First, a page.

Queasy cuisine?

Simple Miso Soup

A friend called me up today to get some advice on what to give her neighbor with advanced cancer who can’t keep any food down. Not wanting to watch him waste away, she hoped to provide some kind of nourishment he might be able to stomach. From my recent experience with Tad when chemo left him queasy, I was able to offer a few ideas. Any of the nutritious options mentioned below can be sipped through a straw, if desired. The key when someone is sick is to go slowly, timing sips a minute or two apart, until it’s obvious he or she can handle it.

1) COCONUT WATER (also called coconut juice) is an isotonic beverage that is great for restoring electrolytes and generally feeding the blood. It is suddenly available all over the place, in some regular supermarkets (here in the Bay Area, at least) as well as healthy food markets. There are organic brands available, and all brands that I’ve run across are unsweetened. It’s a light and tasty beverage that Tad has used to good advantage when eating solid food doesn’t seem wise. (Can be mixed with other juices, if desired, for taste.) We’re not talking about coconut milk here, which is made by blending up coconut meat and water; it’s generally too fatty for sensitive stomachs. Look for coconut water or coconut juice, and ask your favorite grocery store to start stocking it if it’s not there yet.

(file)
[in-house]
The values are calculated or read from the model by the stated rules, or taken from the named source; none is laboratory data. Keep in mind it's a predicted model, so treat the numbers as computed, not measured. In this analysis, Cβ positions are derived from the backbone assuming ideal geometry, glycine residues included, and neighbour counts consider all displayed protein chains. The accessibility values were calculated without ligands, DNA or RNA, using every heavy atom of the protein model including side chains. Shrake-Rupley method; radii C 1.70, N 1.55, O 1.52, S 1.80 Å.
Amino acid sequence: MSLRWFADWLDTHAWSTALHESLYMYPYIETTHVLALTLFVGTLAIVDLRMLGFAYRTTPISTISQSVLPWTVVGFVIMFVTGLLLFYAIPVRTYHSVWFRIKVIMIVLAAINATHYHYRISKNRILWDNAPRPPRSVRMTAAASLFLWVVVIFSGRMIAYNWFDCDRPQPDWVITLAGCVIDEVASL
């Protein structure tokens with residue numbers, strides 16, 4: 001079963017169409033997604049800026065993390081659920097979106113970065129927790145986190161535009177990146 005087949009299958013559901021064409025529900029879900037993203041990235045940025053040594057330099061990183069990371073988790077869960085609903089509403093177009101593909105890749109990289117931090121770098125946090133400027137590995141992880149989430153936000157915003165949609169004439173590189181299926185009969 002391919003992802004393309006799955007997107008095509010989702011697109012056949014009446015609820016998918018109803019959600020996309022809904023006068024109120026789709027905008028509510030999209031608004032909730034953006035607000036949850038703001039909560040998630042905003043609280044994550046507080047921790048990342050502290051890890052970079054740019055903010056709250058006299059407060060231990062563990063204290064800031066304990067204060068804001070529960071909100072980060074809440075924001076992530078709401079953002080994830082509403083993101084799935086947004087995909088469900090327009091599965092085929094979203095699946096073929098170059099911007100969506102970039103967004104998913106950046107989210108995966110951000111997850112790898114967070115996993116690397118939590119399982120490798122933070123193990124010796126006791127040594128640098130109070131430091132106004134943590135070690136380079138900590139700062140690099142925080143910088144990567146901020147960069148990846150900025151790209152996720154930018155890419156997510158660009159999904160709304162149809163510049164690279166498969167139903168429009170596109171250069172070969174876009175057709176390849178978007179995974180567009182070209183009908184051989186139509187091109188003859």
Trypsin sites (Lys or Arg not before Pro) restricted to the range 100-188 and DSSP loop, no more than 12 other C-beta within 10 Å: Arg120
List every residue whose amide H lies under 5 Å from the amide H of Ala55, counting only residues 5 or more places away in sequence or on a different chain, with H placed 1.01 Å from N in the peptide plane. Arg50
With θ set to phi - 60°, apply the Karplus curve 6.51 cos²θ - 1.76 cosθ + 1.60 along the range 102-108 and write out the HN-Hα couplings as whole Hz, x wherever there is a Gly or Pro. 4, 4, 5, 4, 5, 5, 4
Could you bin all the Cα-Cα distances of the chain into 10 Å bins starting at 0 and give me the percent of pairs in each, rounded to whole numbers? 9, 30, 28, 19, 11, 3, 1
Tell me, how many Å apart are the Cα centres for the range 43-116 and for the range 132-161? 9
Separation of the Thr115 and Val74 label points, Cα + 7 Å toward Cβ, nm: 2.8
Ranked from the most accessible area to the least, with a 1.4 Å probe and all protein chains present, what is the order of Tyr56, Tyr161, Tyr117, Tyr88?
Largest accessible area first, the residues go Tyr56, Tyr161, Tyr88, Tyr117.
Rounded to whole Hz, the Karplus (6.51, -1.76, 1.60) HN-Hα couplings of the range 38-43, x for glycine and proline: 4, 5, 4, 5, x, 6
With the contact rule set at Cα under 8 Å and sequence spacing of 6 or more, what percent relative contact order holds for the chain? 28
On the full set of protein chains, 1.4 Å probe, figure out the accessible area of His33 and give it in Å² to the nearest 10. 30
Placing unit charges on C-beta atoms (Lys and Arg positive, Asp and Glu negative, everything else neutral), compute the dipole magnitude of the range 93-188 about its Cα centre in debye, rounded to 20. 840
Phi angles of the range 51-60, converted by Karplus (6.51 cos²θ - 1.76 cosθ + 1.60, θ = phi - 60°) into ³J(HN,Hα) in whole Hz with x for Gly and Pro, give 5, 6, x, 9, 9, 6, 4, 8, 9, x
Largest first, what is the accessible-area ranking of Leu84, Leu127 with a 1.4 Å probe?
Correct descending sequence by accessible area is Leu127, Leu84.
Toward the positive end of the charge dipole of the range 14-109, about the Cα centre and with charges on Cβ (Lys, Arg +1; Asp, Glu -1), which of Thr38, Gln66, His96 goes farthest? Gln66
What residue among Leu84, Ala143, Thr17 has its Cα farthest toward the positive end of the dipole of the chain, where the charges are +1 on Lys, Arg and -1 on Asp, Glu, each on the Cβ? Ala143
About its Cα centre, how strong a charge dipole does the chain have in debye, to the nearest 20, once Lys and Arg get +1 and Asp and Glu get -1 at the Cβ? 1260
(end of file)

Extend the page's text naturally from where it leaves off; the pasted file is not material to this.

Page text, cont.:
2) MISO SOUP A tub of light miso from your healthy food market or an Asian specialty store will last you a long time. It is good for so many things (miso tahini sauce, anyone?), but for someone who’s nauseated the best bet is a simple broth made by stirring a teaspoon of miso into a big mug of steaming hot  (not boiling) vegetable or chicken stock, or plain water. That’s it; couldn’t be simpler. Miso is a fermented seasoning paste made from soybeans, and because it’s fermented it is alive with healthy  microorganisms that can help repopulate the gut with beneficial flora when nausea and/or diarrhea have wiped them out. (Another way to describe this type of food is probiotic.) The paste is salty, so it’s a savory alternative to sweet drinks, and that provides a welcome bit of variety to the person on a liquid diet.

3) KEFIR is another food alive with probiotics. It is akin to yogurt but  less sour in taste and more liquid in consistency. Lowfat is probably best to avoid problems with digestion. Add fruit juice as desired to make the taste more interesting. Good choices are unsweetened papaya, pear, or grape. They are low in acid so good for upset stomachs. By the way, probiotics are available in capsules. If the kefir is not well tolerated, you can open the capsule and dissolve the contents in a glass of water. This will help the gut get back in balance.

Herb teas offer micro-doses of health-promoting plant compounds, so make them part of the daily regimen. As a person gets more interested in food, try fresh vegetable juices, thin soups made of well-cooked veggies and grains, and smoothies made of yogurt/kefir with fruit and protein powder added.

People with cancer have a tendency to lose weight and this can become an overall failure to thrive. It’s important to resist this trend as best you can.

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